The short answer is, I couldn't do it. Liverpool council website, Wirral council website, various Foster Care organisations sites plus advance Google searches in urls, plus blog searches, failed to turn up the necessary figures in my self-imposed 20 minute time limit. (I'm not saying someone else would fail too - just that I, as a user, couldn't get that information).
Liverpool council's fostering information section states: "We recognise and value carers as professionals by paying a professional fee" ; Wirral Council didn't have such information (more of that later).

Next step, phoning switchboard. I was transferred to unknown departments where I got a voicemail and a ring out. However, I don't think it would be fair of me to suggest a random caller (particularly one asking for unusual information) should be a priority in a busy department charged with child welfare, or that anyone should make a habit of doing it.

So I then went down the press office route. I asked:
1. Rates for foster care
2. Was such information deemed publicly available
3. If not, why was that?
4. If so, was it available online?

Within the hour Wirral press officer Gill Gwatkin (whom I have never spoken to before) was back with the answers. Yes it was public information, there was no reason why it shouldn't be made public, and it would normally be included in the fostering section of the website. Said website had, however, been just been massively redesigned and some sections were incomplete - the fostering one among them.
And (this is where the more of that later applies) because only a few months ago I spent a week combing Merseyside council websites, including Wirral's old site, (as part of this research) I know how much better it is now and I'd bet that information will be available when the section is finished.
I had an email from Liverpool council's press office at 5.17pm to say there were rates, on a scale depending on experience; it didn't state what the public-availability of such information was.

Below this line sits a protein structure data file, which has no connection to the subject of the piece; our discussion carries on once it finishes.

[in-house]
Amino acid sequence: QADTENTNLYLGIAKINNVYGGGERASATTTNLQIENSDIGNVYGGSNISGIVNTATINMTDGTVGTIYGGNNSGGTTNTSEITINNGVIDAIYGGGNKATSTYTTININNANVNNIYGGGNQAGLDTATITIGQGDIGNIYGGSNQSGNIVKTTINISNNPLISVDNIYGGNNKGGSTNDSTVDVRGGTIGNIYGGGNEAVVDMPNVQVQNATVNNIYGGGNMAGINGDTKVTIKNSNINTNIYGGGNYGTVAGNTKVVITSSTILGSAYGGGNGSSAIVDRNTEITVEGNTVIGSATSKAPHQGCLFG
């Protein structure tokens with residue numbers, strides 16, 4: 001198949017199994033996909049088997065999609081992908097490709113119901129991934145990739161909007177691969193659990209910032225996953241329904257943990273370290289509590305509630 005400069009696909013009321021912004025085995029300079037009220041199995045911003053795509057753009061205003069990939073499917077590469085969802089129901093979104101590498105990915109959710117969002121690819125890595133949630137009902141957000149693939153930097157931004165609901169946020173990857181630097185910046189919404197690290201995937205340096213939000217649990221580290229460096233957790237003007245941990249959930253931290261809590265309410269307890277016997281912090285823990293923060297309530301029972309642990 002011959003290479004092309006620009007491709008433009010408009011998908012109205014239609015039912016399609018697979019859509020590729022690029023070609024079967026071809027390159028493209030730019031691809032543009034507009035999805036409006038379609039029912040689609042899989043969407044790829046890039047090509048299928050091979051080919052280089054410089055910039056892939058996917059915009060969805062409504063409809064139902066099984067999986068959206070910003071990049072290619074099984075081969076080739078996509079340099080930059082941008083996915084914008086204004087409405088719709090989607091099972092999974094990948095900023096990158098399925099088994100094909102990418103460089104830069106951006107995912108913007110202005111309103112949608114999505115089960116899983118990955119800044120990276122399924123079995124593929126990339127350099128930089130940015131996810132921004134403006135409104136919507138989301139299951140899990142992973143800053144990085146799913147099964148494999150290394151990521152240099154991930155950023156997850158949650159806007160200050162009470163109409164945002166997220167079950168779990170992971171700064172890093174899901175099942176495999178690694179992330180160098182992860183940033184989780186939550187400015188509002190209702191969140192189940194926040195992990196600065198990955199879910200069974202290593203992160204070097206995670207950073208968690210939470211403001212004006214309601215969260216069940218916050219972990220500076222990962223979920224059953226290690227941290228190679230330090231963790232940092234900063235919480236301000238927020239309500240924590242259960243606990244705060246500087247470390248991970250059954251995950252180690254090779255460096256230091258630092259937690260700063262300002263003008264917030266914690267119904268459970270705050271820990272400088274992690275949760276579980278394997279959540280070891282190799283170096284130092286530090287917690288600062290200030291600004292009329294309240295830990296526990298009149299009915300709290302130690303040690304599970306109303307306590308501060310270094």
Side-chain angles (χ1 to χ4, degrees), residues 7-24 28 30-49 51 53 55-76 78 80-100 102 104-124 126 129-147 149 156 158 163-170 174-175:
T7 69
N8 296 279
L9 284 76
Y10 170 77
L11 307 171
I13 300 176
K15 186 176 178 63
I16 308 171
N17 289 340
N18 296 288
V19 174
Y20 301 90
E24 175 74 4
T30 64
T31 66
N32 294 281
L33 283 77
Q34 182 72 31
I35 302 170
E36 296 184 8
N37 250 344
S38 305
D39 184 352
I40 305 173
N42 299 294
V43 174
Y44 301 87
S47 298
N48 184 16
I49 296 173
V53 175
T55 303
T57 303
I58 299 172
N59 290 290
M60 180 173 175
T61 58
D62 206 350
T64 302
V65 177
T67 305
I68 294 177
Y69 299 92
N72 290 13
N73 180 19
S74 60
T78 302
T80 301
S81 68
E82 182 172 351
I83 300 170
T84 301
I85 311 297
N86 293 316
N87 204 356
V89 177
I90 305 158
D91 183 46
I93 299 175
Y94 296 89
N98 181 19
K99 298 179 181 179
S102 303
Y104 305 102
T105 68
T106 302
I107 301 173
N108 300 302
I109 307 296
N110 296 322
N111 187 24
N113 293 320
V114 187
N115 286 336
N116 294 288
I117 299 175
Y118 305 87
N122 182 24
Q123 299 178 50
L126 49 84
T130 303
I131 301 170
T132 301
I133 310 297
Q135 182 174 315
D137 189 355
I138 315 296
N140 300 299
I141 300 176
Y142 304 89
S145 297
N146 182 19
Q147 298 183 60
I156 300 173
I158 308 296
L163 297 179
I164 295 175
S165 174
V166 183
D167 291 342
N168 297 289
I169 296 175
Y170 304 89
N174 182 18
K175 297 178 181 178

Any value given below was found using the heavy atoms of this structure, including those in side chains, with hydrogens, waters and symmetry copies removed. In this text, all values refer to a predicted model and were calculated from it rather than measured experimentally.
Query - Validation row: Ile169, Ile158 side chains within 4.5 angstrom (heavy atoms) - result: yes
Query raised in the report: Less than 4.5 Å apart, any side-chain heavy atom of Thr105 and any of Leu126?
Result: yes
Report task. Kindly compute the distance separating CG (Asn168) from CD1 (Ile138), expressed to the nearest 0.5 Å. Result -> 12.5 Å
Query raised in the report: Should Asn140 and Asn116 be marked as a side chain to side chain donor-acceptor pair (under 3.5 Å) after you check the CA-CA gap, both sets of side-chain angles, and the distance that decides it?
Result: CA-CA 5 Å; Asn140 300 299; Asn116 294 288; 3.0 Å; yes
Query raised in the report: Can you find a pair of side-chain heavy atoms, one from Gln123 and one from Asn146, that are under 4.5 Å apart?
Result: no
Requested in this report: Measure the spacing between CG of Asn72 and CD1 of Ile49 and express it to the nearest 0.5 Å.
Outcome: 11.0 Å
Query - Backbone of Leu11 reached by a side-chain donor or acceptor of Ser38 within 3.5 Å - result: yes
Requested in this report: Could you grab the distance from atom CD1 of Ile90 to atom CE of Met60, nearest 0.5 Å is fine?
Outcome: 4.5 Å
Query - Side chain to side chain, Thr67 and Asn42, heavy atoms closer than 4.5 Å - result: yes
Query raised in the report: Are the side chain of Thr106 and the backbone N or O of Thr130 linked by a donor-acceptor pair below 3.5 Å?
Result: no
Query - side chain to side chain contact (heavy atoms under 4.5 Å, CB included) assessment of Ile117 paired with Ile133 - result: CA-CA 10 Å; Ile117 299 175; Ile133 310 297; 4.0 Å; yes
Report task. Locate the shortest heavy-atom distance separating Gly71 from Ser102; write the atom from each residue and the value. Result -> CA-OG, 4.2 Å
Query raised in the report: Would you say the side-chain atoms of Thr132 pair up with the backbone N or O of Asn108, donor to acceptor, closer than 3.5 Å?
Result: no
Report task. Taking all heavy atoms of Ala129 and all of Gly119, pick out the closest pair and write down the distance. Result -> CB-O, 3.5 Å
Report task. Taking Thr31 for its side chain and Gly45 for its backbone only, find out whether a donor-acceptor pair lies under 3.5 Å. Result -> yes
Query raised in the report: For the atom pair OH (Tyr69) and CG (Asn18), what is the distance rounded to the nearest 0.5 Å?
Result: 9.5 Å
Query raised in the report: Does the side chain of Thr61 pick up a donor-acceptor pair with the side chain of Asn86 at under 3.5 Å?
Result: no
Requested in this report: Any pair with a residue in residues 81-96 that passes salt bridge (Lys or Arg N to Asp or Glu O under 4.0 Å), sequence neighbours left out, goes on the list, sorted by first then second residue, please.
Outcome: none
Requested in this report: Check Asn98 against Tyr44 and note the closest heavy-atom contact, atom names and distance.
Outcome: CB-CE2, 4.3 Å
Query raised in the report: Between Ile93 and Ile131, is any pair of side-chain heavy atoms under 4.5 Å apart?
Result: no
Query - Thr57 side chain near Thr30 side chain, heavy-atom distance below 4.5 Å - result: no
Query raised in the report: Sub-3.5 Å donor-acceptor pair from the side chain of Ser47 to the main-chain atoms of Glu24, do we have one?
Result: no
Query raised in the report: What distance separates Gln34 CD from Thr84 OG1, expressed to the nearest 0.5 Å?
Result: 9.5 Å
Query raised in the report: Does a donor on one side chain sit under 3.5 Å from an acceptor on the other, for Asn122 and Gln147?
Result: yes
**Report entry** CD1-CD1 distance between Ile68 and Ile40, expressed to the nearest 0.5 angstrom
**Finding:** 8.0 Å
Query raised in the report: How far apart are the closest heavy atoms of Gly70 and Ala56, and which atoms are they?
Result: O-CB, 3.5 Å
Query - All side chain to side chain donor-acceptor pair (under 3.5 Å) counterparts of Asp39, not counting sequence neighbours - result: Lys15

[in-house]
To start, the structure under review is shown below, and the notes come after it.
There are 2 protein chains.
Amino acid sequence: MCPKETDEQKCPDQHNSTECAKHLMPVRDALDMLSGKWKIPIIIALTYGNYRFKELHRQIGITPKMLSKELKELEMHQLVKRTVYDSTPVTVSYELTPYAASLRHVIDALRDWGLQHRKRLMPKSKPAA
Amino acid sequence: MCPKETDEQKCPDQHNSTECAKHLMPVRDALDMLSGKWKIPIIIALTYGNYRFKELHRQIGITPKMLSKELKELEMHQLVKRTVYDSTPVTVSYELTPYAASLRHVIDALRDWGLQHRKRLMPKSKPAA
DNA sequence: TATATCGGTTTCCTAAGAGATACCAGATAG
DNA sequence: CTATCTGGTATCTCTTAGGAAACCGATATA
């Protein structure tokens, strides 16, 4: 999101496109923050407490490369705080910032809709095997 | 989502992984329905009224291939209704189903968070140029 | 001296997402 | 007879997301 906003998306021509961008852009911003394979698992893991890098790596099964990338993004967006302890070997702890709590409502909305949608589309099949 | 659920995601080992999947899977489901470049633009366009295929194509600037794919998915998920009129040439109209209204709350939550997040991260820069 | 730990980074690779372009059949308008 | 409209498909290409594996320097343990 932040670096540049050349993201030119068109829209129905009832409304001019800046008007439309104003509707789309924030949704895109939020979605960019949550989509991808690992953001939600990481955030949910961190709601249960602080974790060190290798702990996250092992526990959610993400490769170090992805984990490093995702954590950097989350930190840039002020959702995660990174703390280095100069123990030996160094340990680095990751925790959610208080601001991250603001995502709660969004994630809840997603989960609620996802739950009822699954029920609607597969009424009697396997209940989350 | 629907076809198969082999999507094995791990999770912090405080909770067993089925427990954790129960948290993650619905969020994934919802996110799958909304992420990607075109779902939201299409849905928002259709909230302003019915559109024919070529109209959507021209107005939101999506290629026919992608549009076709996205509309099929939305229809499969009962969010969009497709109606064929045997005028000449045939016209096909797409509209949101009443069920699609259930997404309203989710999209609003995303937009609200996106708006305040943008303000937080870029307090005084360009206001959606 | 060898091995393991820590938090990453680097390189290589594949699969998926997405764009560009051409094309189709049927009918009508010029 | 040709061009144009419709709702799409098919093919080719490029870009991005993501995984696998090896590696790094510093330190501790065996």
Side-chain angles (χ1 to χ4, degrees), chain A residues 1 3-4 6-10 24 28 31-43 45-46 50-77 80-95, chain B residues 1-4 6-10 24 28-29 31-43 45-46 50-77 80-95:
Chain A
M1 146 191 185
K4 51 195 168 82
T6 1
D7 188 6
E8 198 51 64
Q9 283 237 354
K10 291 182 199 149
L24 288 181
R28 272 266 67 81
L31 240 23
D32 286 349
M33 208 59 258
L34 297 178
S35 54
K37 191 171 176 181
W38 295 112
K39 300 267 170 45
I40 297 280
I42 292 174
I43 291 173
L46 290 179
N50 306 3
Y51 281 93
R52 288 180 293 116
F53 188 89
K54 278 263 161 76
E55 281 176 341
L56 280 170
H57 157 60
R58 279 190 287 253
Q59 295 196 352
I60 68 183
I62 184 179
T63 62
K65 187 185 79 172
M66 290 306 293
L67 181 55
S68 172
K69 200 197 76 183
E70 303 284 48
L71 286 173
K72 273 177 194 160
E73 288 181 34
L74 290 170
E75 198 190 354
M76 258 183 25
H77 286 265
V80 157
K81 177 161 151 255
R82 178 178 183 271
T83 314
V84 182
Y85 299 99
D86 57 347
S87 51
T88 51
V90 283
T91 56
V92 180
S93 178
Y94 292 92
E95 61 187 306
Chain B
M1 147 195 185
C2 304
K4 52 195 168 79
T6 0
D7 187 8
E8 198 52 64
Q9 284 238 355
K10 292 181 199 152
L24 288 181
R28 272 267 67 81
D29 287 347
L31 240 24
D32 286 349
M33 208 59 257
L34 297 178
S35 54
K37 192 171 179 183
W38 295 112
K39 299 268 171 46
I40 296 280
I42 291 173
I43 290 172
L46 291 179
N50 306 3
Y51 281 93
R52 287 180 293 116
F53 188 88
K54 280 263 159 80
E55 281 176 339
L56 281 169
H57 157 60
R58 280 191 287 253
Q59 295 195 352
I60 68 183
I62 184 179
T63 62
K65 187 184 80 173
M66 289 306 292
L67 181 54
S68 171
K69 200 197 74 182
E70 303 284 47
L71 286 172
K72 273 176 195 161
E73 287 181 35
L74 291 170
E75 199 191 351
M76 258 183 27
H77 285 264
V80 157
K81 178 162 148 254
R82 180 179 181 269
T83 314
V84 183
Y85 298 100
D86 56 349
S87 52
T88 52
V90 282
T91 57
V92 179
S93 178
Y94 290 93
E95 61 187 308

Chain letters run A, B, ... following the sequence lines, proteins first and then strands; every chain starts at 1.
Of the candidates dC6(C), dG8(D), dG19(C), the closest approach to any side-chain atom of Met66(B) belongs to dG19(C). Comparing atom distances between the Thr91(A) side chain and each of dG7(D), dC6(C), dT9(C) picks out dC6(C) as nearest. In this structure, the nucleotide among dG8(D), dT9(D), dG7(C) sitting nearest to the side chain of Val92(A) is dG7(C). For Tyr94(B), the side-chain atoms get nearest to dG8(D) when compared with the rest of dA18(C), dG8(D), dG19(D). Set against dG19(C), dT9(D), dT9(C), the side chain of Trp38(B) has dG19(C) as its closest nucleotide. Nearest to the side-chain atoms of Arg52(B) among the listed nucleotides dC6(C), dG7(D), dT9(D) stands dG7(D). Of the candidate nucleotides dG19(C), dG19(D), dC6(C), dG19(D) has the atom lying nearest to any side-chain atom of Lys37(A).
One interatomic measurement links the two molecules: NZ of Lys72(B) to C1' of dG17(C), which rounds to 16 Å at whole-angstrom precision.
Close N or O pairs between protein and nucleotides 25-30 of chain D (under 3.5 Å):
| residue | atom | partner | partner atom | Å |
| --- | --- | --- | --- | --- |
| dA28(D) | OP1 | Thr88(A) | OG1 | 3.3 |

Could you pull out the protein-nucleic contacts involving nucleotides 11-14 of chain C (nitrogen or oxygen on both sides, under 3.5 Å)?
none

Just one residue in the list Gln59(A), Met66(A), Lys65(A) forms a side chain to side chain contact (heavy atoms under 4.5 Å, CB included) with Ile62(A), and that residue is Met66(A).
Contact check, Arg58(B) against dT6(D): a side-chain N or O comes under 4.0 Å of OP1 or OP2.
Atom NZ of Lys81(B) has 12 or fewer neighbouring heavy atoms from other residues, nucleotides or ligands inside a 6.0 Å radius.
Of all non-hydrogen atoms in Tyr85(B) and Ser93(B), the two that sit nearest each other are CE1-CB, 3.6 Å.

So,I got the information that the FOI person wanted in less than 60 minutes BUT I did it by phoning the council press office. Such a tactic just isn't one your average questioning member of the public could or would use, and I'd imagine any press office would point out that's not what they are there for.
But...the definition of 'press' is what, exactly? According to WordNetWeb it is
The print media responsible for gathering and publishing news in the form of newspapers or magazines
So that's pretty unhelpful. Is it someone who works for mainstream (multi)media? or a freelancer? Or a card-carrying NUJ member? A blogger (something of a misnomer, given that it describes the platform rather than the activity), a photojournalist, a hyperlocal website co-ordinator, or a parish magazine?
What, in short, should your antecedents be if you want to contact a press office?

All in all, I ended up with more questions than answers, But here are some conclusions, for what it's worth:
1. A lot of information is classes as available to the public; that's not the same as it being publicly available
2. There are people who readily have the answers in every organisation - the chances of a member of the public gaining access to them are slim
3. Council help points tend to be staffed by people who are experts in sorting out your council tax,; they probably won't be able to tell you what your councillor's last annual expenses claim was
4. Processing a lot of FOI requests in accordance with the strictures laid down in the Act is expensive. Hiring someone(s) to job-share or part-time posts would, over time, work out a cheaper option.
5. Local authorities - police, council, nhs et al - need user advocates who can help the public negotiate the maze of so-called publicly-available information (hint: In private companies this is know as Customer Services - although many newspaper readers think it's actually the newsdesk)
6. This is not the same thing as having an Ombudsman